During the preparation of the study, quality has been ensured through the process of translation and back-translation of research questionnaires. The questionnaire and the associated survey materials have been translated into the official language(s) for each participating country. The work-flow and quality-management processes employed are certified to meet ISO 9001 Quality Management Standards. Forward translations have been performed by highly trained, approved and accredited translators who are native speakers of the target languages and fluent in English. Back-translations have been performed by persons who are native English speakers and fluent in each target language. A third individual acts as a reviewer, highlights any discrepancies between the forward and back translations, and resolves them by discussion with the translators. The respective national coordinators and their teams for each participating country also proofread each translated document and provide feedback on grammatical errors. They also provide contextual interpretation of the translations to ensure that they reflect the appropriate terminology used in each participating country. In addition to this, the online survey is piloted by at least five people in each country in order to check its technical functionality and also to check for comprehensibility and formatting errors.
The ABC research team at Keele University will have overall responsibility for the design, recruitment, management, analysis of data and interpretation of results as well as writing the report. The ABC Project partners (First Department of Family Medicine, Medical University of Lodz, Poland, Center for Health Services and Nursing Research, Katholieke Universiteit, Belgium, Aardex Group, Switzerland, Bangor University, Wales) participated in the design of the study. ABC partners will manage recruitment and data collection in their respective countries and also contribute to the interpretation of the results and their dissemination. The ABC project partners share all decisions about research developments and outputs, determining decisions by vote if appropriate. The funder of the research, the FP7 programme of the European Commission, is not involved in the design or interpretation of the study.
The results will also be published in internal reports, in peer-reviewed scientific journals as well as via conference presentations. The results of the study will also be available to the public on the ABC project website (http://www.ABCproject.eu) and via press releases in each of the participating countries.
To our knowledge, this study is the largest survey of European healthcare professionals' medication adherence perceptions, beliefs and behaviours. It is expected that the results will inform our understanding of how healthcare professionals perceive medication non-adherence. This study will also provide some insight into how healthcare professionals respond to non-adherence to prescribed medication in their patients. By gaining a deeper understanding of healthcare professionals' perceptions and behaviour with regards to non-adherence in their patients, researchers will be able to design educational interventions and training for healthcare professionals that are evidence-based and targeted at the training needs of healthcare professionals.
This study will also provide information on the interventions most frequently used by healthcare professionals and their perceptions of which interventions are most effective in managing non-adherence. It is anticipated that this will provide evidence-based knowledge of interventions which healthcare professionals have found to be effective at improving patient adherence. Healthcare professionals could use this information as a guide when making a decision about which interventions to make use of or to recommend to patients in order to improve adherence. Information on those interventions which are reported to be less effective could help to channel the efforts of researchers towards finding ways to improve those interventions.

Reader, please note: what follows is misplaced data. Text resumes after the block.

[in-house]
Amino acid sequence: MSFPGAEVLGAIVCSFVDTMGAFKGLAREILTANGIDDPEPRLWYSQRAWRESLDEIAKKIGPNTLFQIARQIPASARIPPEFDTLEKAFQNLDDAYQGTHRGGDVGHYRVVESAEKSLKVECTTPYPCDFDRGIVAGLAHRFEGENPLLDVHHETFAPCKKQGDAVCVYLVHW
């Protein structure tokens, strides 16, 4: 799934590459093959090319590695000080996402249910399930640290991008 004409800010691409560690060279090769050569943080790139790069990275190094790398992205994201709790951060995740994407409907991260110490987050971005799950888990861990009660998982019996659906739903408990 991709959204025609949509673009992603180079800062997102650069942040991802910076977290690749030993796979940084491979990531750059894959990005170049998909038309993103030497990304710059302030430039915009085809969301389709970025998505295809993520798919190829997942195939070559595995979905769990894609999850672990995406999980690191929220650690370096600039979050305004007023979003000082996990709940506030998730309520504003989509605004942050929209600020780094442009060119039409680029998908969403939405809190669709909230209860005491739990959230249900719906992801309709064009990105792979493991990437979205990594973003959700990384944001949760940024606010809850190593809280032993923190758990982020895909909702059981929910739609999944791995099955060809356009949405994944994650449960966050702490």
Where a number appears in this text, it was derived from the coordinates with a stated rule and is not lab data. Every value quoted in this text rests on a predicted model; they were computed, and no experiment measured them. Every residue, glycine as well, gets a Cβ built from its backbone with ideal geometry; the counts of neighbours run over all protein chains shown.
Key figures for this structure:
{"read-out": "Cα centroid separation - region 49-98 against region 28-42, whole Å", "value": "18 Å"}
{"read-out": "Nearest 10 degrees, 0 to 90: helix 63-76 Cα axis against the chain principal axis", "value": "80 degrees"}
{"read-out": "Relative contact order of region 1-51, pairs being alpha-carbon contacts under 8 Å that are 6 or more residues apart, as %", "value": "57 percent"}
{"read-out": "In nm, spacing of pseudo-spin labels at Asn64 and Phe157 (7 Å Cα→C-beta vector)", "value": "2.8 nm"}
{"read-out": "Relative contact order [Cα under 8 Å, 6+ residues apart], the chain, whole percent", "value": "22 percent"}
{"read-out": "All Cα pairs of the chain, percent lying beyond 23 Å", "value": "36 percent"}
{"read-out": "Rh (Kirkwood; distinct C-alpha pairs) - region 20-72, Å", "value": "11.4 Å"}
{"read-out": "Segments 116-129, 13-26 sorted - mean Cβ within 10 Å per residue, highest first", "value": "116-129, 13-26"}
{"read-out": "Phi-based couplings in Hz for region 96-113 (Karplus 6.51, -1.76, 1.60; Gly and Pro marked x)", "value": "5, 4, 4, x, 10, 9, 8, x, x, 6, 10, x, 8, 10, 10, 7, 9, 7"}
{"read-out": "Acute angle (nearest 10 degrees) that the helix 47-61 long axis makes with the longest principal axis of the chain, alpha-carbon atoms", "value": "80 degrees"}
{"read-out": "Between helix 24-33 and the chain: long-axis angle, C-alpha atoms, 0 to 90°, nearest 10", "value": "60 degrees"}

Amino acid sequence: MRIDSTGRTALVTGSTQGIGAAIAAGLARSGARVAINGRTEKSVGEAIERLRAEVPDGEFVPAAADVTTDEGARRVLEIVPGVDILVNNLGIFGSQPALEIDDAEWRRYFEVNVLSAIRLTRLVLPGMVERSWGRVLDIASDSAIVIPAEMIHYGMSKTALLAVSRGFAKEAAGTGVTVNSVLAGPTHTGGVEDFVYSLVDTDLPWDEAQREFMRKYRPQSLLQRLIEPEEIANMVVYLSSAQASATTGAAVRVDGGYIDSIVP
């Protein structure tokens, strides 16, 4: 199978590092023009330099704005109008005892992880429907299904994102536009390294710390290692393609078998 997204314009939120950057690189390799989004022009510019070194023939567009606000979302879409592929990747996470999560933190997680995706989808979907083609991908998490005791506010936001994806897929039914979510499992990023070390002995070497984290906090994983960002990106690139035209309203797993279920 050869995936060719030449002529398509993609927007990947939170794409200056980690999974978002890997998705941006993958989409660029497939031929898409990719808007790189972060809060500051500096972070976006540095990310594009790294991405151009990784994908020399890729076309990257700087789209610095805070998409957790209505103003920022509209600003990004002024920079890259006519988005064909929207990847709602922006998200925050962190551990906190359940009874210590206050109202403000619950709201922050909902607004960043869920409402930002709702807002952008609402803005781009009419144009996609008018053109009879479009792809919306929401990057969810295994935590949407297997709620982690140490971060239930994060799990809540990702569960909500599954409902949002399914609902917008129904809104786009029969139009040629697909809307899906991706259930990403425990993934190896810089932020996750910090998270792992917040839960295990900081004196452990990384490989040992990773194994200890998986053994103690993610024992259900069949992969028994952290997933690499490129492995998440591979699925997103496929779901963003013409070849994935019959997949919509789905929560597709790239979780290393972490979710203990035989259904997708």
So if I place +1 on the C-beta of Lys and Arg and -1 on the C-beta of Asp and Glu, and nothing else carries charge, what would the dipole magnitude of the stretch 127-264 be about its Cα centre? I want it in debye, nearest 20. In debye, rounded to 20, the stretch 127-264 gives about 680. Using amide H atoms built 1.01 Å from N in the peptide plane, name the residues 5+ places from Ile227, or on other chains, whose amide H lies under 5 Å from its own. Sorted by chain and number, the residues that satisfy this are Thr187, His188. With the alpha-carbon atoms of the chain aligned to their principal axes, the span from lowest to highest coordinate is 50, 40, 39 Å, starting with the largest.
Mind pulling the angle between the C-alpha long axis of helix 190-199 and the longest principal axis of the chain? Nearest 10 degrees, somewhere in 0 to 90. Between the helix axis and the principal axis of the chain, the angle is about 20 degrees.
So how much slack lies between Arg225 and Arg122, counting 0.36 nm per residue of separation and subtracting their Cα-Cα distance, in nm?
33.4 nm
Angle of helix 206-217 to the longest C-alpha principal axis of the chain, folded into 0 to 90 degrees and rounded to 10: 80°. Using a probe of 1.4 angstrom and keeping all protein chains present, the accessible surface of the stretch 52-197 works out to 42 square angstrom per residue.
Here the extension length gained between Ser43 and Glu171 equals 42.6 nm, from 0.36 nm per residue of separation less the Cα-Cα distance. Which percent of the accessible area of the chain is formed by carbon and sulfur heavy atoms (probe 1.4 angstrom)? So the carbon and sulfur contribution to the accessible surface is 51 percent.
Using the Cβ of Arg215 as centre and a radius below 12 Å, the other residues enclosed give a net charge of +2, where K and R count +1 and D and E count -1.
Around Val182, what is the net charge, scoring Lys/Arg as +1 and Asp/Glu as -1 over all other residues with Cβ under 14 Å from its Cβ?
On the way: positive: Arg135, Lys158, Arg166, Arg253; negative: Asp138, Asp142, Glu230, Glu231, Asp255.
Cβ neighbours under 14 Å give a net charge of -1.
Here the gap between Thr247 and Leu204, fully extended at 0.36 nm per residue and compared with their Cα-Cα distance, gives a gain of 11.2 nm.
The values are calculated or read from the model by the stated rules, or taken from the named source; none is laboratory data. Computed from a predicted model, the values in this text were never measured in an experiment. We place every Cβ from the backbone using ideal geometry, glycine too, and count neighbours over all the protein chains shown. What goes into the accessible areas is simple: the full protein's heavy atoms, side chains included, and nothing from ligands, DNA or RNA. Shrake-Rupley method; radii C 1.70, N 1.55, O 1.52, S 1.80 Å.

The Pan-European nature of this study will provide a comprehensive data set which will enable analysis of variability observed in healthcare professionals' beliefs and behaviours across 12 European nations. It is anticipated that this knowledge of the level of variability between professions in adherence-supporting behaviour may provide a basis for promoting routine and continuous efforts to educate and modify the behaviour of healthcare professionals in order to enable them to fulfil their roles in supporting patients with medicine taking.
We thank UD Patel and L Berben for their contribution to the development of the questionnaire.
To cite: Clyne W, Mshelia C, Hall S, et al. Management of patient adherence to medications: protocol for an online survey of doctors, pharmacists and nurses in Europe. BMJ Open 2011;1:e000355. doi:10.1136/bmjopen-2011-000355
Funding This study, as part of the ABC project, is funded by the European Commission Seventh Framework programme (FP7 Theme Health, 2007-3.1-5, grant agreement number 223477).
Competing interests None.
Ethics approval Ethics approval was provided by the NRES Committee North West-Liverpool East (REC Reference 11/NW/0156).
Contributors The principal investigator is WC. The ABC project coordinator is PK. All authors took part in the development of the questionnaire. WC, CM, SH, SM and PJ took part in the design and development of the protocol. All authors contributed to the writing of the final manuscript. WC and CM revised the manuscript with input and advice from all authors.
Provenance and peer review Not commissioned; internally peer reviewed.
Data sharing statement No additional data available.
If you wish to reuse any or all of this article please use the link below which will take you to the Copyright Clearance Center’s RightsLink service. You will be able to get a quick price and instant permission to reuse the content in many different ways.